BWW Review: ALABAMA STORY Explores Censorship and Racism, Makes One Laugh and Think
This, as the opening line of Alabama Story tells us, is a story about two rabbits. It's a story about 1959 Montgomery, where cotton is king, where conservative white men call all the shots, and where books that might be about integration are censored. It is a battle of wills between a segregationist senator and a cultivated state librarian regarding a children's book wherein one rabbit happens to be black and one happens to be white. It is a story of childhood friends Lily and Joshua who encounter one another later in life and reminisce over their shared memories while illuminating the dramatic differences in their human experience. It is based on a true story. It is reflective of many true stories.
This play is also shocking, appalling, clever, and remarkably funny. Playwright Kenneth Jones' consideration to the story's many facets and the interesting structure give this piece a profound complexity. The overlapping dialogue is smart, effective, and affective, particularly in the more climactic scenes, and his concurrent plotlines intersect in a way that is unexpected and surprising.
Jeanne Paulsen as librarian Emily Wheelock Reed is as comical and endearing as she is awkwardly straightforward. Carl Palmer as Senator Higgins is deliciously antagonistic - the kind of actor who makes an audience member a bit uncomfortable even as he's smiling as himself at curtain call.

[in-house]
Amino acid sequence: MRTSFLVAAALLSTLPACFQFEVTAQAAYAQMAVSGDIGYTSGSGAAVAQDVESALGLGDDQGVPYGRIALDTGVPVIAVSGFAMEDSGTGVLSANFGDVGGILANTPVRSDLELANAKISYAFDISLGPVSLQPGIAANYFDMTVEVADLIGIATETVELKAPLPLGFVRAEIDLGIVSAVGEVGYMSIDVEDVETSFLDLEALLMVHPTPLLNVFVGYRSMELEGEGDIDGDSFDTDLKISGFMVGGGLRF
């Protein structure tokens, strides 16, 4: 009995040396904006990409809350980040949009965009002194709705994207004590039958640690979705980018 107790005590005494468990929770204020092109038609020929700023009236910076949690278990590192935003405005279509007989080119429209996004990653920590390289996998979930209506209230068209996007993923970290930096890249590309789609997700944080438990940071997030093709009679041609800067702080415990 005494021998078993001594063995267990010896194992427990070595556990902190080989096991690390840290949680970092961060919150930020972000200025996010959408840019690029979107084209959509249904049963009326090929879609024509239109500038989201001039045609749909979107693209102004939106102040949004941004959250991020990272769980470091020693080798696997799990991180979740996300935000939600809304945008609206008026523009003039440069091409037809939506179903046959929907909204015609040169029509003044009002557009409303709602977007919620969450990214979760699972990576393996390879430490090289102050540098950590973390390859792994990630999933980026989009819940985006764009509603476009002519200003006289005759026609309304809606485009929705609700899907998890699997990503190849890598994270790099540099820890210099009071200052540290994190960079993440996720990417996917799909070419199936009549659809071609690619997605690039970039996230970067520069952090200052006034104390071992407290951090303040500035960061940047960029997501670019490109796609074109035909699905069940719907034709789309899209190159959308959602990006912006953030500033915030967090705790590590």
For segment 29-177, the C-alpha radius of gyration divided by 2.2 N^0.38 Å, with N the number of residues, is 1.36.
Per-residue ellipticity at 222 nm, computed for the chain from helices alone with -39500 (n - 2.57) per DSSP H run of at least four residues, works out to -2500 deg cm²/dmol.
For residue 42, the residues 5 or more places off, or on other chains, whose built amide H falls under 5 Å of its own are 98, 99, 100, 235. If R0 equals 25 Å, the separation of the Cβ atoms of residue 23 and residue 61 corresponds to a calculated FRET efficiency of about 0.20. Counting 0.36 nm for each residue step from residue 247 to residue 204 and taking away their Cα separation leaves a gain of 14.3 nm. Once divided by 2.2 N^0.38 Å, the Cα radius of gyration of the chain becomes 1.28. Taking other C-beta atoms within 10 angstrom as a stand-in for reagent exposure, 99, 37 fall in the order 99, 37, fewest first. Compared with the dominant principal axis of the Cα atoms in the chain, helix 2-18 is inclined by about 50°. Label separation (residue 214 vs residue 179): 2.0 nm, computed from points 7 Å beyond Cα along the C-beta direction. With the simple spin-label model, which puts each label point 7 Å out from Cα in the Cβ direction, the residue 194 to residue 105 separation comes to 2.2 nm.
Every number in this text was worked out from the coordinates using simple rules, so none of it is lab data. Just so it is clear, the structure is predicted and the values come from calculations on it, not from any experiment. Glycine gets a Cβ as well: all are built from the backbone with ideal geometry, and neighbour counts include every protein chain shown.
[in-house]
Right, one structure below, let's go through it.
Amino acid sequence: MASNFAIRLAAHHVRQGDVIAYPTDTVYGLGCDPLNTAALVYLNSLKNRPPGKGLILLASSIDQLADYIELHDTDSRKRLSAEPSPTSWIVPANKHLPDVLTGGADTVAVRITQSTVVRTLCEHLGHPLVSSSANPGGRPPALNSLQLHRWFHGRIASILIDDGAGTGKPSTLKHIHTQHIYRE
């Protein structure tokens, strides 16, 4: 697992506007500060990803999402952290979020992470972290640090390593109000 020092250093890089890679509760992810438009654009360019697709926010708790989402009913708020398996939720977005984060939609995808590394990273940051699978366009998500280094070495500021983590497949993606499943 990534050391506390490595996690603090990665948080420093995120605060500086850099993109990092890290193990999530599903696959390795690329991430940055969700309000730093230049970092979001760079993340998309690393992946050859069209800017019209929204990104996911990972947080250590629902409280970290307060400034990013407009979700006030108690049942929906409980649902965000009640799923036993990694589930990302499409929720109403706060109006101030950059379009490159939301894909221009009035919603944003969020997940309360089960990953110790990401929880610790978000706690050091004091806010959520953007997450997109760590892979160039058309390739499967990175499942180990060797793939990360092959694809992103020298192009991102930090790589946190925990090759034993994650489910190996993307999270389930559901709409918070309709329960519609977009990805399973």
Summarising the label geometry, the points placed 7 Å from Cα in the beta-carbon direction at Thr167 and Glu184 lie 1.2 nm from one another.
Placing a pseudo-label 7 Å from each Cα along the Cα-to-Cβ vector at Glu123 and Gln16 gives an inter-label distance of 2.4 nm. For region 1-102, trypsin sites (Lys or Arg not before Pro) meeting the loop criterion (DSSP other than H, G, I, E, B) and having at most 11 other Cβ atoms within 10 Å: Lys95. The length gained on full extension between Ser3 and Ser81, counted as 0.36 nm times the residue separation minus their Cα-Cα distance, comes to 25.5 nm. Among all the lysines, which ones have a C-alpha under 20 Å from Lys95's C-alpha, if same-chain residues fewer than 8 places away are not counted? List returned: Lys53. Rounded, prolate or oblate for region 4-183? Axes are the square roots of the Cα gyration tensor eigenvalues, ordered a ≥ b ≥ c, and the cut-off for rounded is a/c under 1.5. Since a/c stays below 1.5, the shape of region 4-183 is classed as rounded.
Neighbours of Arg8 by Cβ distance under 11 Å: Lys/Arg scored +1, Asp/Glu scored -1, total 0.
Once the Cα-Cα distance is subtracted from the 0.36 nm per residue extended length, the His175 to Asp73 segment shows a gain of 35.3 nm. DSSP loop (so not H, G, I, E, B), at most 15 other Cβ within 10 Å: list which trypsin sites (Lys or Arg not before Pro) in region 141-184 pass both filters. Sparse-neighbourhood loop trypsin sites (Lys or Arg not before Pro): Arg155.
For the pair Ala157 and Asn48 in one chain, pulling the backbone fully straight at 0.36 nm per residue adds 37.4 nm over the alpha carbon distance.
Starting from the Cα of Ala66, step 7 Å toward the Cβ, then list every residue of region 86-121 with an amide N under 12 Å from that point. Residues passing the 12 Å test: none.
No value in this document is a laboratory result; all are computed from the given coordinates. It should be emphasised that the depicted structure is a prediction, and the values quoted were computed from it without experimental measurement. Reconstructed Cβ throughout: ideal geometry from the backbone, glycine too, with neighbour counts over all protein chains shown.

Corey Allen as Joshua Moore and Anna O'Donoghue as Lily Whitfield are wonderful opposite one another, each bringing depth and compassion to their roles. Larry Paulsen as picture book author Garth Williams, narrator, and a host of others, makes this cast seem much larger with his many believable character incarnations. Special kudos to Carl Howell as Thomas Franklin, Reed's assistant, whose onstage chemistry with Jeanne Paulsen is marvelous, and whose second-act monologue is delivered with perfect dialect, perfect timing, and perfect inflection, showing the mighty force of his superior acting chops.
William Bloodgood's black, white, and shades-of-gray scenic design has very few moving parts, but is as grand and beautiful as an old library would be, and Dorothy Marshall Englis' costumes (and oooooo, especially Donoghue's Tiffany-blue dress) are exceptionally crafted and perfectly tailored to compliment each character.
This play is about an ugly place and time in our country's history, but it is perhaps more relevant than ever. It is smart. It is worth seeing.